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Demographic Transition

What is Demographic Transition?
"Demographic transition" is a model that describes population change over time. It defines four clear stages of population growth that nations often traverse in tandem with their socio-economic development.

Stage 1: Typically seen in less developed countries where birth rates are high but a large number of people die of preventable causes leading to a stable population.

Stage 2: Death rates fall steeply as deaths from preventable causes are reduced by better food supply and improved public health, but birth rates remain high due to high fertility, poor social development and limited access to health and contraceptive services. This often leads to a spurt in population.

Stage 3: Birth rates fall but population continues to grow because there are a large number of people in the reproductive age group due to the high fertility of the previous generations.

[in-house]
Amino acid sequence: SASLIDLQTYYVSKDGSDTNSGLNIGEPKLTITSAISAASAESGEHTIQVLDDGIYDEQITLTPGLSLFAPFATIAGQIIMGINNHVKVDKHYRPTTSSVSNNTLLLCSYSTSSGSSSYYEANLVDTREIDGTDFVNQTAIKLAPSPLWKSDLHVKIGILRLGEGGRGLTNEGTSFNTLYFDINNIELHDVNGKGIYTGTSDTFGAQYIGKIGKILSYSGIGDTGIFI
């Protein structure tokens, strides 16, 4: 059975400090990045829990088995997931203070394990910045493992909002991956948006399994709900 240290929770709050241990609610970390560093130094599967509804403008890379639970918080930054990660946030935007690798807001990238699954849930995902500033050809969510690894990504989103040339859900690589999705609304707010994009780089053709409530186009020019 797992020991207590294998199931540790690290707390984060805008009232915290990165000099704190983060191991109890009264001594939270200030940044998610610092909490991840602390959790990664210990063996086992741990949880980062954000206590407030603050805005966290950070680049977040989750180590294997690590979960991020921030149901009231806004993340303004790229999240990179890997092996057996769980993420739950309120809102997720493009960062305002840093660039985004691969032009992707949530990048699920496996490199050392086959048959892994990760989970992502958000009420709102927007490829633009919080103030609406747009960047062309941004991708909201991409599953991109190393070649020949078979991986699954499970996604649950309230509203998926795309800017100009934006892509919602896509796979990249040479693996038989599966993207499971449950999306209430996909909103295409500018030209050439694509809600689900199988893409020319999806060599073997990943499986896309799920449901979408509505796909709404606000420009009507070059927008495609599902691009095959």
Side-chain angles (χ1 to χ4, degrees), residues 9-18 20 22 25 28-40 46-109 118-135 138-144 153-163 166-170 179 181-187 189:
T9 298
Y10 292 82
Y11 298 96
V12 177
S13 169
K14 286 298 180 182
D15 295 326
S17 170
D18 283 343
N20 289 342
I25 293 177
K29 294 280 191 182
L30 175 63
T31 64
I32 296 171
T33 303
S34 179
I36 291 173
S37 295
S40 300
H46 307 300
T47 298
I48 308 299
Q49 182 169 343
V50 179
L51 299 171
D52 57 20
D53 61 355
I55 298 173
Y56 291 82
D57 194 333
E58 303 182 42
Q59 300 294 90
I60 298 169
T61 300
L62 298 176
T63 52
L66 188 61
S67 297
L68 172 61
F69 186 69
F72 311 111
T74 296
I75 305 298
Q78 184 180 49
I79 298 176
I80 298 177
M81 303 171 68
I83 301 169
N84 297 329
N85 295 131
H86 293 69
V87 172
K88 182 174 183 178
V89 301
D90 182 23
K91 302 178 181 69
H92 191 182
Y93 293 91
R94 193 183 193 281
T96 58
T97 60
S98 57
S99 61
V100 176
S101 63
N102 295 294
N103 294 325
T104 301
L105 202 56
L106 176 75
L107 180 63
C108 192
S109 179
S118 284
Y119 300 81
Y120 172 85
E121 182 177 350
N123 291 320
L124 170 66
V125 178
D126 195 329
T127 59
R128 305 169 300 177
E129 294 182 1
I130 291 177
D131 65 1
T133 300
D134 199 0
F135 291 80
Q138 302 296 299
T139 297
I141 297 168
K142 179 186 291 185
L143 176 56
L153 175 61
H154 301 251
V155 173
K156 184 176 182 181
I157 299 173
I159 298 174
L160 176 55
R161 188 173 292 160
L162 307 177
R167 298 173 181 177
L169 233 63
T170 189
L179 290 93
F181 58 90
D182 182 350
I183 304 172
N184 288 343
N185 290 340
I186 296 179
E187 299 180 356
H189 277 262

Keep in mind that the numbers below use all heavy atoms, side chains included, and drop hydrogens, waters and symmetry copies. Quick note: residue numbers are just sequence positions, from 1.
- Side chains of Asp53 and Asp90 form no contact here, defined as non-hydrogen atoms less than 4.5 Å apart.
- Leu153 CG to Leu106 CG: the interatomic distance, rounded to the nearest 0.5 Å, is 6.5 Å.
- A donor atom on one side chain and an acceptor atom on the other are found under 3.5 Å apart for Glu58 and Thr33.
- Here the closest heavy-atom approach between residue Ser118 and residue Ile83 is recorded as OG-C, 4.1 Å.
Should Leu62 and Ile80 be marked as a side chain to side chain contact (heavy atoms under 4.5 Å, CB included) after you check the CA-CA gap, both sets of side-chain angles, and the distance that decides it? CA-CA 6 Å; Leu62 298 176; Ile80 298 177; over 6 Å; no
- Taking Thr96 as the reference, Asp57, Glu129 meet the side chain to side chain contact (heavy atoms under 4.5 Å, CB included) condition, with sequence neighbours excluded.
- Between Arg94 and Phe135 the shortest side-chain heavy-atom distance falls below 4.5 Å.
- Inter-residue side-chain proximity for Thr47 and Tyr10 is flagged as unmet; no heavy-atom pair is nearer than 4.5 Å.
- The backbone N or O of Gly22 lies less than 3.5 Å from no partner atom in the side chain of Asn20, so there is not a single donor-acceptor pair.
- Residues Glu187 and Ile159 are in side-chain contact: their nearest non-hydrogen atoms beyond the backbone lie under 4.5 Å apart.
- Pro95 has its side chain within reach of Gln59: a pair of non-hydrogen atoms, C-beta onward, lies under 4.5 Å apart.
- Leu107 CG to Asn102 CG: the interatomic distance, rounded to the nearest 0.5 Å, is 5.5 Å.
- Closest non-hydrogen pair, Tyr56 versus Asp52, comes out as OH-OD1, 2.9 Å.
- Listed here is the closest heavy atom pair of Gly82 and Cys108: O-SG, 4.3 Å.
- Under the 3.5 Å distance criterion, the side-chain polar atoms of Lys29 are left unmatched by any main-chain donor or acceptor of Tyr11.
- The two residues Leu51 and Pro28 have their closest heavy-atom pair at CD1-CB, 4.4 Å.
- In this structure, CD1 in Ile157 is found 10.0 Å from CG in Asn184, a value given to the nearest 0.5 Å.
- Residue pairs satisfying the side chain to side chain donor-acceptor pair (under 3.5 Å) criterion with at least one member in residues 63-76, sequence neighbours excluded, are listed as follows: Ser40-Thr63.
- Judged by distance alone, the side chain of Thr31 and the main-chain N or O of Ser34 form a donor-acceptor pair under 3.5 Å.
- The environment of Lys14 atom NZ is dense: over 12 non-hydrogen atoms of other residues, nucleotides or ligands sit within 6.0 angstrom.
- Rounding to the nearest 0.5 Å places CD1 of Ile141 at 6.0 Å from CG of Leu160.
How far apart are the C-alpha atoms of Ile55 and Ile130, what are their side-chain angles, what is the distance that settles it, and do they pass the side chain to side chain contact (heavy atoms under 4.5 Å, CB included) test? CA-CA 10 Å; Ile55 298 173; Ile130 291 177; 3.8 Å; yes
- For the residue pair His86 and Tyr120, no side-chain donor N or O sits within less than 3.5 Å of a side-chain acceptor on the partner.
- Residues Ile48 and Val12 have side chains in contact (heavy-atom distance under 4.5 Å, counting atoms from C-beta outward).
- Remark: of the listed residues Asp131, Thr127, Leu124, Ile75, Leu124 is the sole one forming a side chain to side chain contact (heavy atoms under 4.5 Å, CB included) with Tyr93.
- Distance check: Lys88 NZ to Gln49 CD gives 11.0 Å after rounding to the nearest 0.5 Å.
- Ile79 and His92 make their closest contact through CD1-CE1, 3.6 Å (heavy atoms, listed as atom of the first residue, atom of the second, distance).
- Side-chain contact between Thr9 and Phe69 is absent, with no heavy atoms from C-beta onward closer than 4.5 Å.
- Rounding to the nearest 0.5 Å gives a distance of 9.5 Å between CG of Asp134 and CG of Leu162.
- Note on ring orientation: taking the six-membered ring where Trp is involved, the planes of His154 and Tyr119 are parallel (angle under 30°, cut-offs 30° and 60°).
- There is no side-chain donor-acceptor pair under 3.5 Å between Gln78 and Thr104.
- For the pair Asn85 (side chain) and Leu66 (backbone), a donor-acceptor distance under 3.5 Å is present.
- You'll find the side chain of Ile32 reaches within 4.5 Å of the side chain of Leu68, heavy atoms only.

Stage 4: Countries achieve a stable population once again with low birth and low death rates but at a higher level of social and economic development. Population is stable but higher than in stage one.

This transition from a stable population with high mortality and high fertility to a stable population with low mortality and low fertility is called demographic transition. India is currently at the third stage.

 

Why are developing countries slow in achieving demographic transition?
Developing countries are slow in achieving demographic transition because of historical reasons. It the developed world, the industrial revolution in the 1800s led to overall development and prosperity, resulting in lower death and birth rates. The developing world missed these opportunities which have been attributed to colonisation, and the attendant lack of growth. Endemic poverty, low levels of education, and weak family planning programmes have kept the average number of children born to each woman to more than six in many parts of the developing world. This prolonged phase of high population growth has resulted in a large base of young population which imparts high momentum to population growth and prolongs the period of demographic transition.

 

 
 
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